“We’re not spending money on voicemail!” Jack Gifford, the CEO of Maxim Integrated Products said. “We don’t need it!”
Several other senior executives and I were meeting with Gifford and the subject of voicemail came up. Gifford’s negative response wasn’t a surprise to any of us in the room.
After all, Gifford was the same CEO who said employees didn’t need their own computers. Instead they could just share them. Indeed, Gifford didn’t have a computer, so he was leading by example.
I loved Gifford’s frugal mindset, but sometimes he went a little overboard. Actually, sometimes he went a lot overboard. And this was one of those times.
Gifford thought about what he said for a bit. Then he said, “I’ll tell you what we’re going to do. I’m going to buy answering machines for the people that need voicemail. That should work just fine.”
Gifford then left the meeting.
Two weeks later, good to his promise, we received answering machines as our voicemail system. Problem solved. Well, not exactly.
Gifford approved the purchase of the cheapest answering machines he could find. These were one cassette machines that had both your message and the messages left for you on one cassette.
Here’s what happened when someone called you:
Step 1: The caller would hear your, “I’m away from my office response.” Then…
Step 2: The machine would wind the cassette to next available place to leave a message. Then…
Step 3: The caller would leave their message.
The problem was you could wait for minutes before you could leave a message.
I found this out the hard way when I was traveling, and I called a member of my team. Kent was out, so I waited to leave a message. I heard a click and then I heard the tape rewinding.
The tape kept rewinding and rewinding. I said to myself, “Man, this is taking a while.” Then finally I heard a beep, and I left my message for Kent.
The next day I got back into the office, and it was clear what was going on. I replayed my messages.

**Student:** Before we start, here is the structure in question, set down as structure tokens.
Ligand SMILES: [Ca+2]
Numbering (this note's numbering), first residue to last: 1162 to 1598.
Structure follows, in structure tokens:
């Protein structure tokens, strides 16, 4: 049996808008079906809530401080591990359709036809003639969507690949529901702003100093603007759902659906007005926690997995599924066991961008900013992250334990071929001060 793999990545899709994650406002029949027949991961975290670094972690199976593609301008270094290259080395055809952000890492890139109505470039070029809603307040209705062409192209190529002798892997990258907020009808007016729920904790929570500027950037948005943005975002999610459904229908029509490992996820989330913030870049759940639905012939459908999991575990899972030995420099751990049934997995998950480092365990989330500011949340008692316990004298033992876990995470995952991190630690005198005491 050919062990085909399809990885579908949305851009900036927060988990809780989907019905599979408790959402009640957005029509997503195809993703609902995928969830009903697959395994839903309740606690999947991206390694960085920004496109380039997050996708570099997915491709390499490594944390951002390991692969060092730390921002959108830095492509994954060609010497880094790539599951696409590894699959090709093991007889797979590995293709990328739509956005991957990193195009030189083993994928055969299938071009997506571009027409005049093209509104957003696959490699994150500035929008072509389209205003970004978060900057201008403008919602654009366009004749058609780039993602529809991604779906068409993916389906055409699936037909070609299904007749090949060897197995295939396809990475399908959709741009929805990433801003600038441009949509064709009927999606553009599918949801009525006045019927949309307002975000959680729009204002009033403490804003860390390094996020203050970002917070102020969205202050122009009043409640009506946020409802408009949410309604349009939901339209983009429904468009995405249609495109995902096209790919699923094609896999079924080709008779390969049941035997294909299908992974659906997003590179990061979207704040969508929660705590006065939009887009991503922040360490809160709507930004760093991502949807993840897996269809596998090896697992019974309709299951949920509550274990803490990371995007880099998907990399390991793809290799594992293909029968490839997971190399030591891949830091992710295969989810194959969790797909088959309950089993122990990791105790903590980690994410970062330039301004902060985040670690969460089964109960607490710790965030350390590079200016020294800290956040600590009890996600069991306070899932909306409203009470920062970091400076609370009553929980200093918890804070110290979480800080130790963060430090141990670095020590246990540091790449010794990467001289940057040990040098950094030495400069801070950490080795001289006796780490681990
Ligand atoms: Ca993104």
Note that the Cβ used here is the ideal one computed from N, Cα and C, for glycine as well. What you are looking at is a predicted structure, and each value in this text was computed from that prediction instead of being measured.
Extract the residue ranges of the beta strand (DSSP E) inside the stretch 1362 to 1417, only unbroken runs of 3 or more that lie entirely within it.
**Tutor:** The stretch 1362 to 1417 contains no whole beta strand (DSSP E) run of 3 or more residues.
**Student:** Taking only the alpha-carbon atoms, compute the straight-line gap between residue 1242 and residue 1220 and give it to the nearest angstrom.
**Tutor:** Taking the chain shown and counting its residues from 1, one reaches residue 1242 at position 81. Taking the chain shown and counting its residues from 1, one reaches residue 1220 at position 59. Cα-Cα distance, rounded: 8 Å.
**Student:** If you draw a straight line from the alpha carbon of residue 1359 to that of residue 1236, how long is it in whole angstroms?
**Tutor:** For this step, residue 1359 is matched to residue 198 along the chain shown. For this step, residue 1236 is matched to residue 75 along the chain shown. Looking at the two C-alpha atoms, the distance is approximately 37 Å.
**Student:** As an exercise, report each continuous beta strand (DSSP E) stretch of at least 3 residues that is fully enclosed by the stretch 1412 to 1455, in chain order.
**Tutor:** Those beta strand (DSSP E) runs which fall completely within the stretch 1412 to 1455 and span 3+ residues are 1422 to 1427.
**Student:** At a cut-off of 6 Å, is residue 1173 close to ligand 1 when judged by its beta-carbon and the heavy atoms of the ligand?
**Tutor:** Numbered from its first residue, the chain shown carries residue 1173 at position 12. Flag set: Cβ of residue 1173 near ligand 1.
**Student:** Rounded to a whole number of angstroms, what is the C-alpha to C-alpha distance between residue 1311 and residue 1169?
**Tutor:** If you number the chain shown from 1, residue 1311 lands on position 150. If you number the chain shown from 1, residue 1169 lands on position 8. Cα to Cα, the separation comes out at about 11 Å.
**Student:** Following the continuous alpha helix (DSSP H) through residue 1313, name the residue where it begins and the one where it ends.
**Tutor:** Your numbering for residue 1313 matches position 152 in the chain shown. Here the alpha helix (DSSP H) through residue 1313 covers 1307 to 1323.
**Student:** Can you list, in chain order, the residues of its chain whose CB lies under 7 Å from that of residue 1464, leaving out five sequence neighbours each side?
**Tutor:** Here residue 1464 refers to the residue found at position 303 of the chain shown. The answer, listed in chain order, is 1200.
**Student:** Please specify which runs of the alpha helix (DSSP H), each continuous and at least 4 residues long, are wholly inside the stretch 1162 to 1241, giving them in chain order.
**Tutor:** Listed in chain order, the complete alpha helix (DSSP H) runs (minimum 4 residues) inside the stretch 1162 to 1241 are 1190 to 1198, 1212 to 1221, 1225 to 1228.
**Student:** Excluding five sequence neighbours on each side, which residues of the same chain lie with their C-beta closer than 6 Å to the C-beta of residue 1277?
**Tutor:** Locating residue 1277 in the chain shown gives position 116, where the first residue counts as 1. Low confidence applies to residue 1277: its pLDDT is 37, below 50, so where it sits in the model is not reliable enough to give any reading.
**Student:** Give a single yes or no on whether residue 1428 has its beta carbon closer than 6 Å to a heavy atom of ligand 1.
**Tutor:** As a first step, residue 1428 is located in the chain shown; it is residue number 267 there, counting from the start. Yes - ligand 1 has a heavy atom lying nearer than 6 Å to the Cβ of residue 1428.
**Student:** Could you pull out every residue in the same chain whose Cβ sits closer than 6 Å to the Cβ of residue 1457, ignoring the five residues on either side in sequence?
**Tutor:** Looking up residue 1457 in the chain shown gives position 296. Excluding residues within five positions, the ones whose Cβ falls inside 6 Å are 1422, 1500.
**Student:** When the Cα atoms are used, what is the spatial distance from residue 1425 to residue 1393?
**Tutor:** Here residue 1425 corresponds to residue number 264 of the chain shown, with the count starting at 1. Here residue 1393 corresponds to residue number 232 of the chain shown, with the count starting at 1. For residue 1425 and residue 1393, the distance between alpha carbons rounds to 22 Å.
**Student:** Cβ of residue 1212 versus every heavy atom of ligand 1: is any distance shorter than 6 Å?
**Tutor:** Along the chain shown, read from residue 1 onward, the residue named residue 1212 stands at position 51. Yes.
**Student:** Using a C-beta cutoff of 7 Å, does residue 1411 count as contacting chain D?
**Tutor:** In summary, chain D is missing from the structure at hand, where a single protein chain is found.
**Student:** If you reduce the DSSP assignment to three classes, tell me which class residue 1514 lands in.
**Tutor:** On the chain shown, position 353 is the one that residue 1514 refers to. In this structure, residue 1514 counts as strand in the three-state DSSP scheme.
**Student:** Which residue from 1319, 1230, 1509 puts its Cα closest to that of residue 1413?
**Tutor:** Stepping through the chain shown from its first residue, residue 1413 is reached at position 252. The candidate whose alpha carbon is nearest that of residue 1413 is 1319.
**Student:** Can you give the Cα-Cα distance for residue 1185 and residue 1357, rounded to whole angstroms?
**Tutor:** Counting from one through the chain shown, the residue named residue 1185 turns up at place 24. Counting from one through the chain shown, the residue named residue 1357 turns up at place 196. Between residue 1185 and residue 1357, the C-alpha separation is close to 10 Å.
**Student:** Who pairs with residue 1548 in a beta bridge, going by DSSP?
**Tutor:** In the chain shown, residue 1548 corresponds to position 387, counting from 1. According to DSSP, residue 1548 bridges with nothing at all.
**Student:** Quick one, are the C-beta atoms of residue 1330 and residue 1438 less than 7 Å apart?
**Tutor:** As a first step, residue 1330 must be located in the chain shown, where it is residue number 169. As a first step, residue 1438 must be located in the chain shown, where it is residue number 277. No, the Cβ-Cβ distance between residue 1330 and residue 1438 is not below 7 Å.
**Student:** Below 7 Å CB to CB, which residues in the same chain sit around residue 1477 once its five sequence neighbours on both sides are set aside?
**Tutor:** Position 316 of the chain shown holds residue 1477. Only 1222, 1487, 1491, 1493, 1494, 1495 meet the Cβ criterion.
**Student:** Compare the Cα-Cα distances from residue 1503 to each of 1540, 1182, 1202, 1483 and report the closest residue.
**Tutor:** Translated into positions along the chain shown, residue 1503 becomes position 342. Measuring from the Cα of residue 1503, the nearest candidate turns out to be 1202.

The answering machine rewound for about three minutes. The first few messages were normal voice messages. Then the tone of the messages started changing.
It was only a matter of time before the complaints came rolling in.
“Hey Brett, what’s wrong with your voicemail. I was waiting forever to leave a message. You’ve got to get this fixed.”
On and on the messages went. Customers were pissed, and the employees were pissed too. But until Gifford changed his mind we would all suffer.
Then the inevitable happened.
It was only a matter of time before word got back to Jack. Then he issued an edict where if you walked by someone’s desk and the phone was ringing, you were supposed to answer it.
Of course, no one answered the phone. It was lame.
I can still remember walking through the hallways hearing an answering machine whir as it was rewinding. You knew there was someone was pissed off on the other end of the line.
I think it took about two months before Gifford finally relented. We would get voicemail.
Don’t get me wrong. I loved working with Jack. He was a mentor and one of the most brilliant people I’ve ever met.
But his frugality could sometimes produce, shall we say, unique results. Jack’s solution to voicemail is one that will always bring a smile to my face.
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